Teachers or others interested in making their own branch of the Museums of Endangered Ocean Life, get in touch. We can help you find ways of helping kids create their own works of art and science that get posted in the museum, worldwide!

More importantly, we can help kids find ways to truly make a difference, no matter where they live. There is always something to do to make the world a better place, a healthier place, and more fun too. Fred can help put smiles on faces - faces of happier kids with new purpose in a new year!

Become a FRIEND OF FRED and help spread the word about those who help endangered species. Invite Fred to your school. He will bring lots of good information and connect you with others.

More information at

Facing Future Explained

EXTINCT means gone, pau, from all places. Example, the O'o is extinct from its former forests in Hawaii. They no longer exist.

EXTIRPATEDmeans gone from a given area. Example, Grizzly Bears were extirpated from California about 1925. They still exist.

ENDANGERED means that a species is nearing extinction unless actions are taken immediately to save them. It is usually a legal term associated with the Endangered Species Act, but because this is a political tool, it does not always reflect accurate science. Example: the Hawaiian Monk Seal is endangered and will likely become extinct.

THREATENED means that a species is likely to near extinction and become endangered unless actions are taken to protect it and its habitat. Example: Bald Eagles were threatened but have been removed from this list due to habitat protection and reductions in use of chemicals such as DDT.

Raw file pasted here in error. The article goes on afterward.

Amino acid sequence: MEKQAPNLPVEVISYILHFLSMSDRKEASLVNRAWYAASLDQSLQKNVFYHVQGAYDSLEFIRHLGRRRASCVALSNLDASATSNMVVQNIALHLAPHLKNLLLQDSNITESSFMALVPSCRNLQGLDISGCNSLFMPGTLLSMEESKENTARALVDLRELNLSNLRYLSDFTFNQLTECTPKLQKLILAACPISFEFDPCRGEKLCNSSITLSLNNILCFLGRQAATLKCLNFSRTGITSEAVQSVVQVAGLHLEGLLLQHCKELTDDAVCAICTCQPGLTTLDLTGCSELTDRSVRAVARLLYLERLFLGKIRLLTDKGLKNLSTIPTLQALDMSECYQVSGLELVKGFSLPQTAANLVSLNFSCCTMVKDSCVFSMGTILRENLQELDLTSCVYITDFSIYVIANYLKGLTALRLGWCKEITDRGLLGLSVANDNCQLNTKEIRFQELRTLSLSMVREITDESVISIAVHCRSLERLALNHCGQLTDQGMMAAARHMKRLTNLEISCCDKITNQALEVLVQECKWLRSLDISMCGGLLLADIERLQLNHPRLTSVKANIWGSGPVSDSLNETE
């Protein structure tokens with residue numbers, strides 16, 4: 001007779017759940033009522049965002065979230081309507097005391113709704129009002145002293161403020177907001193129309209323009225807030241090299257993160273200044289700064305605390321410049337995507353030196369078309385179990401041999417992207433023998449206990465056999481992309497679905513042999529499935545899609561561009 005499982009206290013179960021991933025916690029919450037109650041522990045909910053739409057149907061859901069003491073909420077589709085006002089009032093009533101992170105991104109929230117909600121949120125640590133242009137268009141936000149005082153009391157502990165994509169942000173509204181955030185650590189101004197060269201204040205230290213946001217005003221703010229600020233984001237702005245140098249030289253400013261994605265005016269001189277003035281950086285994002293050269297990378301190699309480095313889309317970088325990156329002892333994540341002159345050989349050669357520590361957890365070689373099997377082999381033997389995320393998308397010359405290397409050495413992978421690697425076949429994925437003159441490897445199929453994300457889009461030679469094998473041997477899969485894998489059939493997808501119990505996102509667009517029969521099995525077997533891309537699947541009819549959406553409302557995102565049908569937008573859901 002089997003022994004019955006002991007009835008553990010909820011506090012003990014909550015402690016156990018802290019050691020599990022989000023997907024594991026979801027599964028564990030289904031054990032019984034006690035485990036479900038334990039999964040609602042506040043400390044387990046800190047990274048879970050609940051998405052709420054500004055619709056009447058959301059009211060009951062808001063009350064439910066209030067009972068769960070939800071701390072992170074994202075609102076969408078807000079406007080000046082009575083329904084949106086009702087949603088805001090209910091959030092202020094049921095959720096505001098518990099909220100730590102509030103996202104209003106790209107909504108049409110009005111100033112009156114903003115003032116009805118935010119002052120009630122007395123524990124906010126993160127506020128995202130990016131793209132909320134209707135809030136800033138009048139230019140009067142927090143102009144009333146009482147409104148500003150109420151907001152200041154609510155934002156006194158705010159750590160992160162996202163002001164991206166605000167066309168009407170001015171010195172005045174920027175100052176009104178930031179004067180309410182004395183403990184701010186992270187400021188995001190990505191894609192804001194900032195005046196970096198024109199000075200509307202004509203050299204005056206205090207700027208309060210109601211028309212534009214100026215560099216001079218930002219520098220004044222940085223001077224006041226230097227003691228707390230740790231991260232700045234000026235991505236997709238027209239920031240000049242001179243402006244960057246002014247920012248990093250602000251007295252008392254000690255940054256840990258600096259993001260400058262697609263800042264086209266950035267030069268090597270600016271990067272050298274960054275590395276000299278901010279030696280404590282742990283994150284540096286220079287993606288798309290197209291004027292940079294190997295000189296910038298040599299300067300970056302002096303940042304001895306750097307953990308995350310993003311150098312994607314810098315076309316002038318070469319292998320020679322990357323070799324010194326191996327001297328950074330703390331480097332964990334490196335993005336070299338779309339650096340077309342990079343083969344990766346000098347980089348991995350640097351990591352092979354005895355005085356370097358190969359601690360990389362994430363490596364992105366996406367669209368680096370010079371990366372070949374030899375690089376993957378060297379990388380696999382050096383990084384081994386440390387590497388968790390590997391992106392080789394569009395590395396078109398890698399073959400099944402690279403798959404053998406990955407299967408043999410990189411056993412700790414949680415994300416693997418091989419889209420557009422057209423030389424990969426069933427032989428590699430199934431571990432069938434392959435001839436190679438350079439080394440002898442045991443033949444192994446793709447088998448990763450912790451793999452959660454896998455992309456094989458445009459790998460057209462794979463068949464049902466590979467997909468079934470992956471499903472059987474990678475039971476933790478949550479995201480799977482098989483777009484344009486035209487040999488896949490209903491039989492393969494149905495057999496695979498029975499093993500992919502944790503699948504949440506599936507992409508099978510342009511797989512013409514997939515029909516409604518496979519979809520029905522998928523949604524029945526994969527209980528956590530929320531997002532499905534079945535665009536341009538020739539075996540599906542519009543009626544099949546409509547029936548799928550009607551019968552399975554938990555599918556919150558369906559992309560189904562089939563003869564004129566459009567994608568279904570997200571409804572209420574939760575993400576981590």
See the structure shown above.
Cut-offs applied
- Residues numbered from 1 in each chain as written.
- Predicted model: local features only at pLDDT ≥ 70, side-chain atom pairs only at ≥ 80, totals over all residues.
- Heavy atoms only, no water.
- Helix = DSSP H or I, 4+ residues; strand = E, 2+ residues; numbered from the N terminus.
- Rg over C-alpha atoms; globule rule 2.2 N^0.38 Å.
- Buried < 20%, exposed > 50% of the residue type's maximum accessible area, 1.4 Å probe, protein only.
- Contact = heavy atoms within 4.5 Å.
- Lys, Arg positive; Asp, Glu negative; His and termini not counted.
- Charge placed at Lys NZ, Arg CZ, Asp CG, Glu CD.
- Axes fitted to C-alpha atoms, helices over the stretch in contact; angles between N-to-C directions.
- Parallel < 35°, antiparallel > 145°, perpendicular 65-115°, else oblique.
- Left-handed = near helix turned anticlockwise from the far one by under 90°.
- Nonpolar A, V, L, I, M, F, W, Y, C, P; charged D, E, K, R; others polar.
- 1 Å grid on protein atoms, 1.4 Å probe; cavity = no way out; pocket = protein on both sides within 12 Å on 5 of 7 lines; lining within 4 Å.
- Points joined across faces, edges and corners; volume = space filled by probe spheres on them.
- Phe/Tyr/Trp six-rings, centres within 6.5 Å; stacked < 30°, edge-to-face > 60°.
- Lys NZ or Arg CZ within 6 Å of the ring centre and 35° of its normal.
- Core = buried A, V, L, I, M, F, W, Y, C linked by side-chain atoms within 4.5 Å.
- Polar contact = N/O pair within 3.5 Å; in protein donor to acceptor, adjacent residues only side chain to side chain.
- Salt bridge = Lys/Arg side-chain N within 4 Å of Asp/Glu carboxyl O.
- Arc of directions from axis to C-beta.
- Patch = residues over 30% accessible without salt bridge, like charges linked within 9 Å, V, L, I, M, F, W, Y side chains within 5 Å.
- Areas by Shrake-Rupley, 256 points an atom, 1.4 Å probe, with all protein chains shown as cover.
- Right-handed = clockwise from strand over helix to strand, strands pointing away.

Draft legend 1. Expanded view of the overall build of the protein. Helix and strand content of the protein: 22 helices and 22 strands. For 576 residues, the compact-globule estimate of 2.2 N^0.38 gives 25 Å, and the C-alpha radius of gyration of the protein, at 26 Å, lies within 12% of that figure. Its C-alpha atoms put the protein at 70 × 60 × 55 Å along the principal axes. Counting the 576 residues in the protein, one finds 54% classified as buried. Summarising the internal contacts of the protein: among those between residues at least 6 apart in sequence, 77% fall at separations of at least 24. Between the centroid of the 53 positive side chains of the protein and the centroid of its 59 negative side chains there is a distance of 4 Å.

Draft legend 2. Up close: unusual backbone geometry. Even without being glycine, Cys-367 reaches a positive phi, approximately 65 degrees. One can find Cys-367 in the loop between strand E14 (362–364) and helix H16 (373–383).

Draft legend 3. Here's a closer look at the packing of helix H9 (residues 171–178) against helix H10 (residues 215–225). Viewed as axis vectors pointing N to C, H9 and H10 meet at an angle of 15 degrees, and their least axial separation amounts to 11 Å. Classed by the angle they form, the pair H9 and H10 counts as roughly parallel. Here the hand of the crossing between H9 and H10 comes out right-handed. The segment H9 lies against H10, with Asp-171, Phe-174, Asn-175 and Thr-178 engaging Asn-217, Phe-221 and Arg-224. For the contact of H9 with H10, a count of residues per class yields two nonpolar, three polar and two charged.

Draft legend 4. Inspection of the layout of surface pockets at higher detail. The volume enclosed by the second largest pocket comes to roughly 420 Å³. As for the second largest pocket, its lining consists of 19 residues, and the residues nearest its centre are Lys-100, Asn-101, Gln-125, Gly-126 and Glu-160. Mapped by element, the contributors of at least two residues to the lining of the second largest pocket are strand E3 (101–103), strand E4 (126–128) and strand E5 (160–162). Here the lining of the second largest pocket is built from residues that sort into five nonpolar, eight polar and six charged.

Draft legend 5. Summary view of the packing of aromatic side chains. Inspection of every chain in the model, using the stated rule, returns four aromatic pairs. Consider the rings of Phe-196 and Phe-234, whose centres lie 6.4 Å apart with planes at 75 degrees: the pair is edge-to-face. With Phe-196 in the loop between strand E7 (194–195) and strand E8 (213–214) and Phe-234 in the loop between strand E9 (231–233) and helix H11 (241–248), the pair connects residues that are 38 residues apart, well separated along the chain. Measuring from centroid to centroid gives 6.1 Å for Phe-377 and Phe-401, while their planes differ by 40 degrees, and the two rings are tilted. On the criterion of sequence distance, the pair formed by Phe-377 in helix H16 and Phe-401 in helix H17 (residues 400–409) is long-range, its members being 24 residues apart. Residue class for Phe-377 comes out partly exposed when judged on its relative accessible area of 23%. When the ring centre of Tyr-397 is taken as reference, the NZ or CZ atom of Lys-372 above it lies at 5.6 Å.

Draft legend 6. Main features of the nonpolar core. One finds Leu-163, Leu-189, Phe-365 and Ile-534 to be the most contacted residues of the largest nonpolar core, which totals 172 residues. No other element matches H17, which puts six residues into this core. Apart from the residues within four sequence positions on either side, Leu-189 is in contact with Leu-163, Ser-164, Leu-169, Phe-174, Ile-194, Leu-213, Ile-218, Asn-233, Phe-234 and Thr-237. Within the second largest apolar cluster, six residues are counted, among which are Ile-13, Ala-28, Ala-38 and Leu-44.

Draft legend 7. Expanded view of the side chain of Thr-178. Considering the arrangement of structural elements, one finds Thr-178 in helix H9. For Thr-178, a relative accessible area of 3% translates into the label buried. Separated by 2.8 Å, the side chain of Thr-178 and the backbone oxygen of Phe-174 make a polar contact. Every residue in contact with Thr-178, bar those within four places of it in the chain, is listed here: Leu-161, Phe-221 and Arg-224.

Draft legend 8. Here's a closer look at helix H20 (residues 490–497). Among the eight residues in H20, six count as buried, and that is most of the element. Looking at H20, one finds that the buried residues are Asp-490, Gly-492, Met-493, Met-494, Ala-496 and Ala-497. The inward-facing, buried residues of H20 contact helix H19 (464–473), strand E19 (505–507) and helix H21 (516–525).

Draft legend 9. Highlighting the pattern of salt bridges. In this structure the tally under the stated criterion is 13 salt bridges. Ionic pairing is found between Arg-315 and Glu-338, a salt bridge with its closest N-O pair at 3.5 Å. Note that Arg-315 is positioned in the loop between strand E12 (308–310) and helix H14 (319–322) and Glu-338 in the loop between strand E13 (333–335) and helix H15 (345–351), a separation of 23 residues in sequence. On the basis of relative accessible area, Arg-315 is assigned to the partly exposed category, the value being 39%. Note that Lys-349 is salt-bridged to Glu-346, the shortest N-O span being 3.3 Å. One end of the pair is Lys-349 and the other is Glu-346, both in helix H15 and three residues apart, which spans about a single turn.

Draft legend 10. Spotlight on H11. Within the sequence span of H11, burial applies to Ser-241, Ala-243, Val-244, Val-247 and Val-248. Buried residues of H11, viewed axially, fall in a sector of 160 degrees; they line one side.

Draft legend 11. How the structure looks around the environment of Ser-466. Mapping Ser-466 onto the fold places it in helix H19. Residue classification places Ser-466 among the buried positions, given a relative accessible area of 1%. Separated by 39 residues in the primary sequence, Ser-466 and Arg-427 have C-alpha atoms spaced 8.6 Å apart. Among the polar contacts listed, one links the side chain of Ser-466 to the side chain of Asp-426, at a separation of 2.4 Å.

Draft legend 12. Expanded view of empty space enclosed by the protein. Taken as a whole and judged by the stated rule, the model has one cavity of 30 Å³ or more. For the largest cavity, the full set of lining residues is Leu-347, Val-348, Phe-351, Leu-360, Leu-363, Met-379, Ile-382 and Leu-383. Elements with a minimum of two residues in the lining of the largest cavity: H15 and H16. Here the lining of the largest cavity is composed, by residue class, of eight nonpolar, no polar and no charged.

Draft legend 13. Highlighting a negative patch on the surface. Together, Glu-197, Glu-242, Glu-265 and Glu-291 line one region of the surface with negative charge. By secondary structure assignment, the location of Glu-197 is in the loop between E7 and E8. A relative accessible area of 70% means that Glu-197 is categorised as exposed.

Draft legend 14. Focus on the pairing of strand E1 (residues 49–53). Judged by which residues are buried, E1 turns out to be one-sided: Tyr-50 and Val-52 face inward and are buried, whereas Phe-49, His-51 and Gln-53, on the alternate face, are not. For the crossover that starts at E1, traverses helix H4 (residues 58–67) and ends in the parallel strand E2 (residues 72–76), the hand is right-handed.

SPECIES OF CONCERN: Many states have lists that include species not covered under federal protection as endangered or threatened. These may be species extirpated from the state, but present in greater numbers in neighboring areas.

Unfortunately, no reasonable approach has been worked out to list endangered habitats, the primary living space for all life forms. To many scientists, the entire Arctic is now endangered. Imagine, as Richard Ellis says, "If Australia were suddenly to disappear, don't you think we would wake up and do something?" Well, we are losing an area about the size and importance of Australia as the Arctic disappears, transforming due to climate change and taking with it the Polar Bears, Bowhead Whales, and Peoples dependent on that vast ecosystem.

Sunday, December 6, 2009


What can I add to the chinook litany?
I was a boy catching them and releasing the juveniles
for reasons hard to explain in 1960.
Somehow, I had learned the difference between coho,
chinook, and cutthroat trout. Steelhead too.
The chinooks I loved so much for their black etching on fins
and sleek, steel sides.
It wasn't until my friend Mike Reed and I worked for the
Jamestown S'Klallam Tribe
and when friend, Jim Lichatowich and I
discovered their mysterious movements
that I truly fell in love with these fish.

Of course, there were earlier days when my wife, Brenda
landed a 42 pounder
and my father in law taught me much about catching big fish, commercially.
but those were days of plenty.

We. Mike. Jim. And I.
We tried to teach salmon as Mike would say.
Try to get people to realize these fish were disappearing.

And now, I go to the store and see them for sale.
Endangered Chinook. Smoked.

And just tonight, I walk the beach to see their home so destroyed
by cruise ships, overfishing, plastic, indifference.

When will we ever learn.
When will we ever learn.

Chinook Salmon.
Artwork by the most generous, Jocelyn Slack.

Thanks Jocelyn.

If you are the lucky person to own an original Jocelyn piece of art,
You will also be treated to a special chinook salmon field trip
to the Dungeness River
Strait of Juan de Fuca
and More!

Enter the Museum and Enter the world of salmon, orcas, and wider oceans!

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